And it’s something we can all turn to. It still took me a while to lay myself bare on social media, but I’m so glad that I overcame that hurdle.

This is only my story. It works for me. But everyone is different.

My hope though, is that every brave soul living with the daily battle that is mental illness, will find their own story. Their own means of seeking support. Of finding that hand to hold. Of having that support, even it’s a virtual support on Twitter, where we’re not walking alone… just until we are able to stride out ourselves once again.

We are strong. Mental illness means we build up an incredible inner strength. We’ve come through every battle so far, with a pretty impressive 100% record.

We can do it again. And again. And again.

And we do.

Be well. x

Author: talkandcheese

I'm 44 and have just retired from having been a TV presenter for over 20 years to become a full time mummy and housewife. I live with my boyfriend and 5 year old son. Together we all live with my bipolar 2. I was only diagnosed 9 years ago and it had been an utterly chaotic ride prior to treatment and meds. Every day could be like chalk and cheese. Life is so much less frightening now, but I still get hypomanic episodes and depressive lows. The time feels right for me to share some of my story now, in which there were some devastating lows and some equally as frightening and exhausting highs. The process is helping me to heal, and I hope with all my heart may offer someone somewhere some level of comfort and support that they are not alone.

2 thoughts on “Bipolar – the hand of support”

  1. Dy, never cut back on your comment length, your words are a joy to read.

    So honest and compassionate ~ it means so much to know that my blogs resonate; writing can be a weirdly insecure experience at times, don’t you think?

    Gems like you make me want to keep tapping away on my laptop and, (hopefully), reach out and connect with kindred spirits, in the way that you and I have done.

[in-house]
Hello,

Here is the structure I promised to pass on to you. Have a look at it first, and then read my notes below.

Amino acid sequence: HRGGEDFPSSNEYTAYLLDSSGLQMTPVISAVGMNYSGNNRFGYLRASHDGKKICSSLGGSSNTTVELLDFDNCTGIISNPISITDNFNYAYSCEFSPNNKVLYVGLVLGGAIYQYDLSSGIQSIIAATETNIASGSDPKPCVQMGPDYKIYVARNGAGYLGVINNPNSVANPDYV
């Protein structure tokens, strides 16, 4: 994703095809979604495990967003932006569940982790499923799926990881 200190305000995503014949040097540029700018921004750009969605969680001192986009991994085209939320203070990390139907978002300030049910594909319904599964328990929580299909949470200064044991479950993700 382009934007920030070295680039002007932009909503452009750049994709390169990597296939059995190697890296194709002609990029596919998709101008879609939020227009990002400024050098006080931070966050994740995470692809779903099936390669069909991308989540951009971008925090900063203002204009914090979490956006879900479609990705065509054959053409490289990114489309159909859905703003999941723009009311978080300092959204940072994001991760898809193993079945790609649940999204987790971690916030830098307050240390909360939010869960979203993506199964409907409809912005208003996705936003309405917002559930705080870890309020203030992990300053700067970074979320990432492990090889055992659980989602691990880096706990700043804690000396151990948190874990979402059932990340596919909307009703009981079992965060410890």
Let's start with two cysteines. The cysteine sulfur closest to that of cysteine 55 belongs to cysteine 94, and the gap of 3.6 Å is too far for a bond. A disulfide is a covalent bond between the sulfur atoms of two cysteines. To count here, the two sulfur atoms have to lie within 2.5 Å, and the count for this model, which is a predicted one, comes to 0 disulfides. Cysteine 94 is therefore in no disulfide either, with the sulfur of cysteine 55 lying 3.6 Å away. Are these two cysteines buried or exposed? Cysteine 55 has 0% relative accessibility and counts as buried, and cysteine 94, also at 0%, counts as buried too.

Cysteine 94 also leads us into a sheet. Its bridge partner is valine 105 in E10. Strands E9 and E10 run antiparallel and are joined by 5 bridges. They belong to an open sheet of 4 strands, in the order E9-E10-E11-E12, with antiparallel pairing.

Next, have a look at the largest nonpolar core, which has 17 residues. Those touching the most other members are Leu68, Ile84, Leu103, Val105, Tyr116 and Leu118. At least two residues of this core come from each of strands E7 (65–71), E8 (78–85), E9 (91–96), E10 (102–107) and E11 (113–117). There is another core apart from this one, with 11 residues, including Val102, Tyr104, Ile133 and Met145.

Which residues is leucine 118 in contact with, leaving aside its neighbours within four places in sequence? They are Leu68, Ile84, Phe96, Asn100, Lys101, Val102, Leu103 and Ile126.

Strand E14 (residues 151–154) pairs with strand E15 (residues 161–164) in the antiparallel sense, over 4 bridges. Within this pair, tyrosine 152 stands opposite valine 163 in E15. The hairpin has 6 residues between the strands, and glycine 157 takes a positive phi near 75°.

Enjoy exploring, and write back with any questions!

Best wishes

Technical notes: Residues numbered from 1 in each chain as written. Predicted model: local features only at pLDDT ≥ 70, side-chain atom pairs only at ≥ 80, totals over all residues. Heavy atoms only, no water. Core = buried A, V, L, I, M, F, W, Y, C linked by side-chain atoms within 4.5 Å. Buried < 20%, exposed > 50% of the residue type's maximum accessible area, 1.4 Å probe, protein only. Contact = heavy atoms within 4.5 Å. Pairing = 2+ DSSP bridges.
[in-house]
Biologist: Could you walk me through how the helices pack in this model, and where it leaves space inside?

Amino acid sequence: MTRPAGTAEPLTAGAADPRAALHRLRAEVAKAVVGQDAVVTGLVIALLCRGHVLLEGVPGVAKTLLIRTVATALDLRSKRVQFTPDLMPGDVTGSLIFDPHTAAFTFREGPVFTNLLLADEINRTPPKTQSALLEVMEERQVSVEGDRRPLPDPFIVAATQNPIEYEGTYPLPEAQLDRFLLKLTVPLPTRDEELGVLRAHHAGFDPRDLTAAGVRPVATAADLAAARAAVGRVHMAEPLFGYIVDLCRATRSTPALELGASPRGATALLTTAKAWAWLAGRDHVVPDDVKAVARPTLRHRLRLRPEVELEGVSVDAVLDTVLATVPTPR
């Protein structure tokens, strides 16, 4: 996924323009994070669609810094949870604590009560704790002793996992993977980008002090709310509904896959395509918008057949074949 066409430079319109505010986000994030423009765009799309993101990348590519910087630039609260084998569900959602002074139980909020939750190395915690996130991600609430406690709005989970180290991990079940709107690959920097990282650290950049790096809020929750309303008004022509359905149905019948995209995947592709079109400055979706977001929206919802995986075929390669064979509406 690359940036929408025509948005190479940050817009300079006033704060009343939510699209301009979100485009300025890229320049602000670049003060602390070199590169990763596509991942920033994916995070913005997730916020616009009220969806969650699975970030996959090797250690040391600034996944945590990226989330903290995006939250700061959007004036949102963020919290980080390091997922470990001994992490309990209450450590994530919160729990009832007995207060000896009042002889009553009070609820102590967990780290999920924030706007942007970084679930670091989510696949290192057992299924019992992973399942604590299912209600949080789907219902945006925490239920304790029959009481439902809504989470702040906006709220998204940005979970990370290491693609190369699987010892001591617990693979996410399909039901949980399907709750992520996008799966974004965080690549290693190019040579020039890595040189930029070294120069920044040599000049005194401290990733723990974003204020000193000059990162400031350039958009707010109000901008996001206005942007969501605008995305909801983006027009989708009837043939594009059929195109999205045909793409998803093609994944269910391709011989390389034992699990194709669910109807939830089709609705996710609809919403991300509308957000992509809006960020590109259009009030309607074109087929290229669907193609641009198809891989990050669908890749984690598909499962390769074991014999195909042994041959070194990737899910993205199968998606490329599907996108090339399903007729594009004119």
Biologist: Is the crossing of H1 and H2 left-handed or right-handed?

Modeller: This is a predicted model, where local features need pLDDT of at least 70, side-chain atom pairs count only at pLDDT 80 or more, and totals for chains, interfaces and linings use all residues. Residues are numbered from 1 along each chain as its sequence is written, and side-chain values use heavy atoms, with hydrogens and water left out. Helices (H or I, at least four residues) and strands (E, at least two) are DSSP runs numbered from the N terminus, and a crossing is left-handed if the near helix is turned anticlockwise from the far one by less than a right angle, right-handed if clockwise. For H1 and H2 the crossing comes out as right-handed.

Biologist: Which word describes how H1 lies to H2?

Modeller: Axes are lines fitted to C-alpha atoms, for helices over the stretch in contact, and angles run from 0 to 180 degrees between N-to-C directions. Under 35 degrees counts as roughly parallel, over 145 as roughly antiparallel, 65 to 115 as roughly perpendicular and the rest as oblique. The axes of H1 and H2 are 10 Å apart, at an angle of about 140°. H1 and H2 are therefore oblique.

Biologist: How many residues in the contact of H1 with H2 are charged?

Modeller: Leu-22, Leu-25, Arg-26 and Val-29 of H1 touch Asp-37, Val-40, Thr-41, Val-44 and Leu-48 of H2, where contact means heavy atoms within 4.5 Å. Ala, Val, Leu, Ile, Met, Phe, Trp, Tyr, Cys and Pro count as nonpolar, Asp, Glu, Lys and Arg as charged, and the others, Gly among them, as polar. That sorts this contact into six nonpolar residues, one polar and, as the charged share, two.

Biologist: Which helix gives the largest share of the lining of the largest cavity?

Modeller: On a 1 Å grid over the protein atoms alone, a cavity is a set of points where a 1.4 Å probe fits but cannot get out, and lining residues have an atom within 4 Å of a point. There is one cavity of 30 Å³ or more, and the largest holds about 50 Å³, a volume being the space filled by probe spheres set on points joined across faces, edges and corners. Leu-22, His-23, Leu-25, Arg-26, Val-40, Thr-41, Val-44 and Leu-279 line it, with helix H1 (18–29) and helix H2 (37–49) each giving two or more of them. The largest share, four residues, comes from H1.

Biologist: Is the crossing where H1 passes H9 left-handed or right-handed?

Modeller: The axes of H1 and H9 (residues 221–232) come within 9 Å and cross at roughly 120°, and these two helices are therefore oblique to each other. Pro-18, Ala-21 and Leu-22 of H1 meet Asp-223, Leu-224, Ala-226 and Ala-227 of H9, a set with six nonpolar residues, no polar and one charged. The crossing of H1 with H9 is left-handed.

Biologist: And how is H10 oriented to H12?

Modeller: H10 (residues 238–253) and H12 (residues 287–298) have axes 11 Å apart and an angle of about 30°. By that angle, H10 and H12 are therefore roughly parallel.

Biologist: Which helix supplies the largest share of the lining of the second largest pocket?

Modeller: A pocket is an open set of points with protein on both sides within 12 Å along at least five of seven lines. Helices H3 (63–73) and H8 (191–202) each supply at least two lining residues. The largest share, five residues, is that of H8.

Please start blogging again! I know you’ll be a source of wonderful support and inspiration to so many!

    Sending love across the pond. 💜

  2. I know my comments have all been too long, but it’s all your fault, my friend, 😜 because your posts are so damn amazing! (Sorry to be a potty mouth!!!!)

    You know by now I like to pick out your most brilliant lines? Here are a few gems I must point out:

    “….there was a veil masking me from the rest of the world. Actually, it was more of an iron curtain. It was impenetrable.”

    Iron curtain??? THAT’S SO GOOD!

    “A real and meaningful life, where the coat of armour has been replaced with a useless rain mac, but one which allows the real world to seep into my soul.”


    I was going to try to make this comment short, but I hope you’ll forgive me because I fear it’s shaping into a ramble. I loved this post for so many reasons. I could write a 10-page essay why that is, but I’ll spare you.

    I also have revisited areas where, years ago, I was deeply lonely and depressed. When I go to those places now and I’m feeling way better (not perfect, mind you, but one could compare my former and present states of mind to….chalk and cheese!!) it just hits me, you know? I think “Thank GOD I no longer feel that way.”

    But I can’t get too comfy. I dread bad things happening in fear they’ll trigger a major depressive episode. 😱

    What can we do? Open up to our wonderful & supportive, understanding Tweeps (silly word, I know), do all our self-care things, keep up with the meds, you know the drill.

    I think one of the reasons I find you a kindred spirit is that you stated exactly how I feel in this post.

    Despite having beautiful children, a stunning Scottish collie (!), a loving partner, a beautiful home, a car, access to health care, affordable meds, good food, and decent physical health, even with all those blessings I also have “a long way to go in truly healing myself of the fear of being alienated.”

    I understand. I really do.

    And all we can do is try our best and keep plugging along.
    I really think it helps us more than we consciously realize to know we are not alone with our shaky feelings.

    You can gather by now I miss blogging and I’m using your blog as a substitute, ha ha ha!!! I promise I’ll cut back on the comment length when I backtrack to your post #11. Well, maybe. Probably not. 👀

    The best years for you are yet to come.
    My double-Pisces self is predicting that for you.
    (Yes, I’m a hippie at heart, but I believe in that stuff!)

    Sending you heaps and heaps of love & strength.

    p.s. Your Moodle? Miss Mabel the Moodle?